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Performer Mayyadda singing at the University of Minnesota Juneteenth Celebration “We Are The Noise: The Echoes of Our Ancestors” captured on Saturday, June 15.
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Published June 23, 2024

Export process causes debate

A proposed law would require some students to apply for export licenses.

Before he could study at the University, international student Aditya Malhotra said his visa application was checked by the CIA and FBI, and he was interviewed by the government for security purposes.

But according to a report by the U.S. Department of Commerce, the process is not secure enough.

The report, released in March 2004, said the current export controls sometimes do not stop the “transfer of sensitive technology to foreign nations.”

As a result, the government has proposed a new federal law that would require students from “countries of concern” to apply for hundreds of export licenses to use “dual-use technology,” such as microscopes, electrical equipment, computer software or any other technology that has both military and civilian use.

The “countries of concern” are China, Cuba, India, Iran, Iraq, Israel, Libya, North Korea, Pakistan, Russia, Sudan and Syria. If the law goes into effect, students from these countries would be required to get export licenses before they could use dual-use technology.

Malhotra is studying electrical engineering and is also vice president of the Minnesota International Student Association. He said the proposal is “kind of surprising.”

“Why should we need permission to use something that every student uses?” he said.

The international student population is small enough, he said, and this will probably result in a decrease in international student enrollment and input in technology fields.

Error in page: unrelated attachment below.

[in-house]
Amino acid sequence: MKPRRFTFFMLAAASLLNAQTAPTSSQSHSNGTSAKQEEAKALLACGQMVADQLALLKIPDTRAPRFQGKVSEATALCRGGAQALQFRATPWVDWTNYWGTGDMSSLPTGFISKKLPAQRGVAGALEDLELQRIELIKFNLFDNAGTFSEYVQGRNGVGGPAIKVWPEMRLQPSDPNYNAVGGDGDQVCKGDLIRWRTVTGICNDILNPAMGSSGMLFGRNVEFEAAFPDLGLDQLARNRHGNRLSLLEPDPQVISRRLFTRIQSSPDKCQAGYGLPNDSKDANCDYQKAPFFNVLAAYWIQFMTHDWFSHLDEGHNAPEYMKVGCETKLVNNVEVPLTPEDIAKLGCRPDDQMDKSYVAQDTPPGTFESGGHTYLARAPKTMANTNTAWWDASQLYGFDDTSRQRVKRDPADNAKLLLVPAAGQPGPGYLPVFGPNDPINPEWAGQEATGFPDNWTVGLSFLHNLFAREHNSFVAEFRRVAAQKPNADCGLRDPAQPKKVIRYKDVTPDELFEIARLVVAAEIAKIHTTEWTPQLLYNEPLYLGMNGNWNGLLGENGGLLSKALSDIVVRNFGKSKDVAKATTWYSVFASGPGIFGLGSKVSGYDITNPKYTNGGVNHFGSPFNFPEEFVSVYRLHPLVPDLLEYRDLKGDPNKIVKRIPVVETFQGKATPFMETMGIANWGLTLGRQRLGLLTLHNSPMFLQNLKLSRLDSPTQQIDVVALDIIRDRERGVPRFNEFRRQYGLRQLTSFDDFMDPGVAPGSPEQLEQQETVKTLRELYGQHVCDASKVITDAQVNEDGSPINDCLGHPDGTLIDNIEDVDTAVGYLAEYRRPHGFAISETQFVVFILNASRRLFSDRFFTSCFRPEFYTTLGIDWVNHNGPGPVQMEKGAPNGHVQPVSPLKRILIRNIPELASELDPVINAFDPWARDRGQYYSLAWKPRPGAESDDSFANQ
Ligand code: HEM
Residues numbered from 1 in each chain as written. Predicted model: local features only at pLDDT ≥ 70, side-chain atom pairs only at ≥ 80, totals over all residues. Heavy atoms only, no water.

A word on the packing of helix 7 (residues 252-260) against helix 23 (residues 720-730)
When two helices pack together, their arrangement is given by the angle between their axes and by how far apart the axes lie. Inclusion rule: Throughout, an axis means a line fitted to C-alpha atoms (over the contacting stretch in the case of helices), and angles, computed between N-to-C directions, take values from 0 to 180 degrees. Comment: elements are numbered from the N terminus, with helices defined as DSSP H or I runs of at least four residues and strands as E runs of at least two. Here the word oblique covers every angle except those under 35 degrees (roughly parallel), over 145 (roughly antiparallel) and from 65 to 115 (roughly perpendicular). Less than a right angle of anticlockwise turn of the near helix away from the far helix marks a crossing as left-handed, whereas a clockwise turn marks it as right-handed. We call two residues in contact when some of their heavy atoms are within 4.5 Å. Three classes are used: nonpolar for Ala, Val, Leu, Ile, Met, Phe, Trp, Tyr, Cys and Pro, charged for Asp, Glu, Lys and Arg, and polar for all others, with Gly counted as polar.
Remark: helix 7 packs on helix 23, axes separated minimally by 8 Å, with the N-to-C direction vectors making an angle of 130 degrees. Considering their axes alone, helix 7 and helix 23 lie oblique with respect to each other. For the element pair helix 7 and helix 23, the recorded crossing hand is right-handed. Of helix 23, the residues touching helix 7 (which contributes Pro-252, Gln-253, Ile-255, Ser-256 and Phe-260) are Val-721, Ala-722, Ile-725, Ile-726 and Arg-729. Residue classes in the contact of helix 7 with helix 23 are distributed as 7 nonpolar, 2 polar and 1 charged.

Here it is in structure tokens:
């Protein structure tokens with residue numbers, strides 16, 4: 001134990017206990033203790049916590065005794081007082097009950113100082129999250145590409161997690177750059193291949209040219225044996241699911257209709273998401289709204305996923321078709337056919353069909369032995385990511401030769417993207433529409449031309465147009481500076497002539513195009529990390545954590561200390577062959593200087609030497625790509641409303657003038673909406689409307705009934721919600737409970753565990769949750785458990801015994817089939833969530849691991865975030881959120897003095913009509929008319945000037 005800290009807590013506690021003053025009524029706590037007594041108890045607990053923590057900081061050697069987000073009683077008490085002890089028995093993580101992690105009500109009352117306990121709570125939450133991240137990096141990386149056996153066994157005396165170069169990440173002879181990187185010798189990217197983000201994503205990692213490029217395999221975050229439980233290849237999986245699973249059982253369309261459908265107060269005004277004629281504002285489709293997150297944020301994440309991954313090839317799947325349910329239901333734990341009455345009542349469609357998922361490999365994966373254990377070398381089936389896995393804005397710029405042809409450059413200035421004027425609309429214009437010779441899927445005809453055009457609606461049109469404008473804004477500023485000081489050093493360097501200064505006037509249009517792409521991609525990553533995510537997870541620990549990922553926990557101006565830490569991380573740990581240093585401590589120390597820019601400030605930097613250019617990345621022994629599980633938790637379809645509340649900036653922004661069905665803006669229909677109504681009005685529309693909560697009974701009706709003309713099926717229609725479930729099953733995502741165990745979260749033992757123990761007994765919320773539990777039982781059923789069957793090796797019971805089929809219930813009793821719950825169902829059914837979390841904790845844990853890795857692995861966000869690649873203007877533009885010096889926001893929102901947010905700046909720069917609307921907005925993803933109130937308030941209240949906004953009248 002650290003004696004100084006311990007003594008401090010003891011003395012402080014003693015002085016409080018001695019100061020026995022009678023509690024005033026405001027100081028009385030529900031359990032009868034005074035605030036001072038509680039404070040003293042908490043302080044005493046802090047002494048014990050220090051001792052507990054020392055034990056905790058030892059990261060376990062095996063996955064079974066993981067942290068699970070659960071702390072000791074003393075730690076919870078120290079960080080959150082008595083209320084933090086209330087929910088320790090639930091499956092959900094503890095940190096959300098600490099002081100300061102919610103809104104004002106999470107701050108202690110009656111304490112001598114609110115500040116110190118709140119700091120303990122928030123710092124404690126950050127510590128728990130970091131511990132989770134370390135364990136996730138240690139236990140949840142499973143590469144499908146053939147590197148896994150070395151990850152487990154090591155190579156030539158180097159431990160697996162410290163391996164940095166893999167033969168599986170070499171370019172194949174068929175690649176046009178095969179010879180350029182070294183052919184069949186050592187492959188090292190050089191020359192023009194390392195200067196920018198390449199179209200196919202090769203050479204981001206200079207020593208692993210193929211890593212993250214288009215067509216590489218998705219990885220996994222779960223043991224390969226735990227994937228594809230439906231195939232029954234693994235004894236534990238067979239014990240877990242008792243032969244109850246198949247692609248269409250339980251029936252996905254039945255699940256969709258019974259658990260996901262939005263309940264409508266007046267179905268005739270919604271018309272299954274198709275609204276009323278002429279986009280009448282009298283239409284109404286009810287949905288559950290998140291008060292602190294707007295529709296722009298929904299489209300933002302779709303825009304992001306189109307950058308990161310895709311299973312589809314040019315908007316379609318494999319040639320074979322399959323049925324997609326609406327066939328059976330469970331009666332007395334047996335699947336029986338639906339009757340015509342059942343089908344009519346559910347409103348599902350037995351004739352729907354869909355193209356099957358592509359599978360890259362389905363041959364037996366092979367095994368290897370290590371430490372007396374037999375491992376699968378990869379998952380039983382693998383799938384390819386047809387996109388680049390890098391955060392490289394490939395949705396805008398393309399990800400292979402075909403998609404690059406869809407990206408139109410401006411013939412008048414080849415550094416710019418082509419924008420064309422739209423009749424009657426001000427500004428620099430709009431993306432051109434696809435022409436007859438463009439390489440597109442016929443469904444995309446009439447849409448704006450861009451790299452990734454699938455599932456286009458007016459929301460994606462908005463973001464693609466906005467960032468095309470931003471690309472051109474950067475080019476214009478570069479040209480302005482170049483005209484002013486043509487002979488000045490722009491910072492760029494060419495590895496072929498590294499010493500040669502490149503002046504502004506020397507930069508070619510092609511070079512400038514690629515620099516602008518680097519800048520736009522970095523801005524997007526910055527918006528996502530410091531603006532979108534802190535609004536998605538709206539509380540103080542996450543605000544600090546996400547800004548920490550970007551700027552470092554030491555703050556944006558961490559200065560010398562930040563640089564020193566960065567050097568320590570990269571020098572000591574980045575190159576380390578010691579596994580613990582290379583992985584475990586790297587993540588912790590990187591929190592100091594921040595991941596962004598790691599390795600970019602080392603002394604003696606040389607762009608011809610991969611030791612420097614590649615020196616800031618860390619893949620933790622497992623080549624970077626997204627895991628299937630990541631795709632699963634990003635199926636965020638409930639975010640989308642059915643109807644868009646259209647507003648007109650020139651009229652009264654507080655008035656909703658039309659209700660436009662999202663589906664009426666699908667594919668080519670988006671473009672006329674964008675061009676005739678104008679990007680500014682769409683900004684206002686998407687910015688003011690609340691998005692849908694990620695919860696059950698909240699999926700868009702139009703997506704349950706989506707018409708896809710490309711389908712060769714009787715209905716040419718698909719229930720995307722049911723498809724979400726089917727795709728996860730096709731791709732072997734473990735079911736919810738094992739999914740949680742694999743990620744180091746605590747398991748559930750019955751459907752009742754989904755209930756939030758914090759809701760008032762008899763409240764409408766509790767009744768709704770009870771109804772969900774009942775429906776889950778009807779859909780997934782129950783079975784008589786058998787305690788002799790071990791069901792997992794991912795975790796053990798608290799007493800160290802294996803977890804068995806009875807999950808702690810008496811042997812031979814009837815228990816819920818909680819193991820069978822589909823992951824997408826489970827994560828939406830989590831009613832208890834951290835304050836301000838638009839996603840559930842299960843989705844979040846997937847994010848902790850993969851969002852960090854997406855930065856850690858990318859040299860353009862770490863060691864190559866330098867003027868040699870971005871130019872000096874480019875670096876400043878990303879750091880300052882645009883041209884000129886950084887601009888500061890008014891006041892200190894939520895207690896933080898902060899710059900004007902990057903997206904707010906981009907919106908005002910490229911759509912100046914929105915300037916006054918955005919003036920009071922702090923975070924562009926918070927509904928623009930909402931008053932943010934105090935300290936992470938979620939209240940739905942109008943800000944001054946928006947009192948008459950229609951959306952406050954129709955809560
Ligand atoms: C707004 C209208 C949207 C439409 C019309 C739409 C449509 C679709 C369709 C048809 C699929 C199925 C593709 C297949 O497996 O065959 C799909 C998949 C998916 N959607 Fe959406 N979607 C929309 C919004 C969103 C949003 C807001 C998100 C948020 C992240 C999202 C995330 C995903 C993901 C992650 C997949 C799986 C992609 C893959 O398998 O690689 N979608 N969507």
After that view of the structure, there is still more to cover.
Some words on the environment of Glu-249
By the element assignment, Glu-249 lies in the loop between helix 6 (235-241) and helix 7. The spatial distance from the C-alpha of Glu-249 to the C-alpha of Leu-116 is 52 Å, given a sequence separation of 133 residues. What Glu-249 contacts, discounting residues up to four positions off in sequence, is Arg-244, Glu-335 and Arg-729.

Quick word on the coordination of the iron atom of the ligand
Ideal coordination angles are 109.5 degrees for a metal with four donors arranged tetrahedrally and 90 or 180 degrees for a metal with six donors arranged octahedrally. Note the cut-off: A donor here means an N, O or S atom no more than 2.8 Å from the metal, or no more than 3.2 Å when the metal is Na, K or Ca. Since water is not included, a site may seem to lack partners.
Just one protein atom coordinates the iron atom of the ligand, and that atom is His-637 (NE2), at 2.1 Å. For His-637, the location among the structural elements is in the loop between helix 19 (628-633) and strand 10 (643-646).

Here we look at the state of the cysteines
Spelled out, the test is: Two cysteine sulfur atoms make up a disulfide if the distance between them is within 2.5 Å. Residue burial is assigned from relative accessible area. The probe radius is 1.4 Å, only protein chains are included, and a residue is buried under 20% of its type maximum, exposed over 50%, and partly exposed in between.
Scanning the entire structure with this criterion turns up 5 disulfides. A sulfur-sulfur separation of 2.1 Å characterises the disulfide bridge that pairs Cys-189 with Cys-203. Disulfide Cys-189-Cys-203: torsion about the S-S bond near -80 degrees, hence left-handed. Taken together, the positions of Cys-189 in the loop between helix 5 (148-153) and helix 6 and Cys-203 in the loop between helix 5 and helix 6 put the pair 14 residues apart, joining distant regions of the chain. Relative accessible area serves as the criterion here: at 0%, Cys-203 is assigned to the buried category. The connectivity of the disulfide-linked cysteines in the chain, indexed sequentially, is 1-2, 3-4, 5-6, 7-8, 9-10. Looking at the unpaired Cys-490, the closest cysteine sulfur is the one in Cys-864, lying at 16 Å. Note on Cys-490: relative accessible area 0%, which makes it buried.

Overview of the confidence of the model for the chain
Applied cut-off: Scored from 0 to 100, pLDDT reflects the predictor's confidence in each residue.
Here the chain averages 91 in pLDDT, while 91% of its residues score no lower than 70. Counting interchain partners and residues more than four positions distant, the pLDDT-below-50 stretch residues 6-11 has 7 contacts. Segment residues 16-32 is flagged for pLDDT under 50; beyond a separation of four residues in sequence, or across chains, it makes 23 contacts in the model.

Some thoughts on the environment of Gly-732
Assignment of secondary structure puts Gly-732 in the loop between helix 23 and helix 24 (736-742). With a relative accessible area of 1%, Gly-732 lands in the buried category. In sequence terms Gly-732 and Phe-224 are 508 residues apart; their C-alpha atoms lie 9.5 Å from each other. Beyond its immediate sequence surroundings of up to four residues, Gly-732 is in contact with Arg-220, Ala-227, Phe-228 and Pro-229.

“If the University wants to be one of the top three research universities in the country, it would go way down in ranking with less publication,” University alumnus Ashutosh Jaiswal said.

The U.S. Department of Commerce declined to comment on the report, but Carolyn Croak, the acting council to the inspector general at the U.S. Department of Commerce, said the department lets its reports speak for themselves.

“Our reports stand on their own,” she said.

Victor Bloomfield, interim dean of the Graduate School and vice provost for research, said the proposed law could be a “serious problem.”

He said graduate schools in the United States are worried about severe restrictions on international students.

“This is to our competitive disadvantage,” he said.

But University student Tony Richter said the law could be good.

“Any time we’re taking prudent steps to ensure safety is a good thing, as long as it is done correctly and respects the people involved,” he said.

Jaiswal, who graduated from the Graduate School, said that if the law was in place while he was studying, he would have never attended the University or any other graduate school.

Instead, he said, he would have stayed in India and gotten a job.

“I think it’s going to slow things down and discourage people from doing research,” he said.

International students’ tuition is approximately $21,000 per semester at the University.

Computer engineering student and Minnesota International Student Association President Kapil Bansal, who is an international student from India, said he is always willing to follow government precautions and laws, but this one is “just really stupid,” “ridiculous” and makes “no sense.”

He said the fact that the person was allowed into the country in the first place means he or she is safe enough.

But Jason Baskin, College Republicans chairman, said his initial thought was that “the idea behind the law is a good one.”

“Any law like this tries to balance between trying to provide freedom and access to all people and provide security for all people,” Baskin said.

Unfortunately, he said, “international students are innocent victims caught between two forces of civil liberties and trying to protect the homeland.”

The State Department held a public comment period on the proposal until May 27. The department can put the law into effect without congressional approval.

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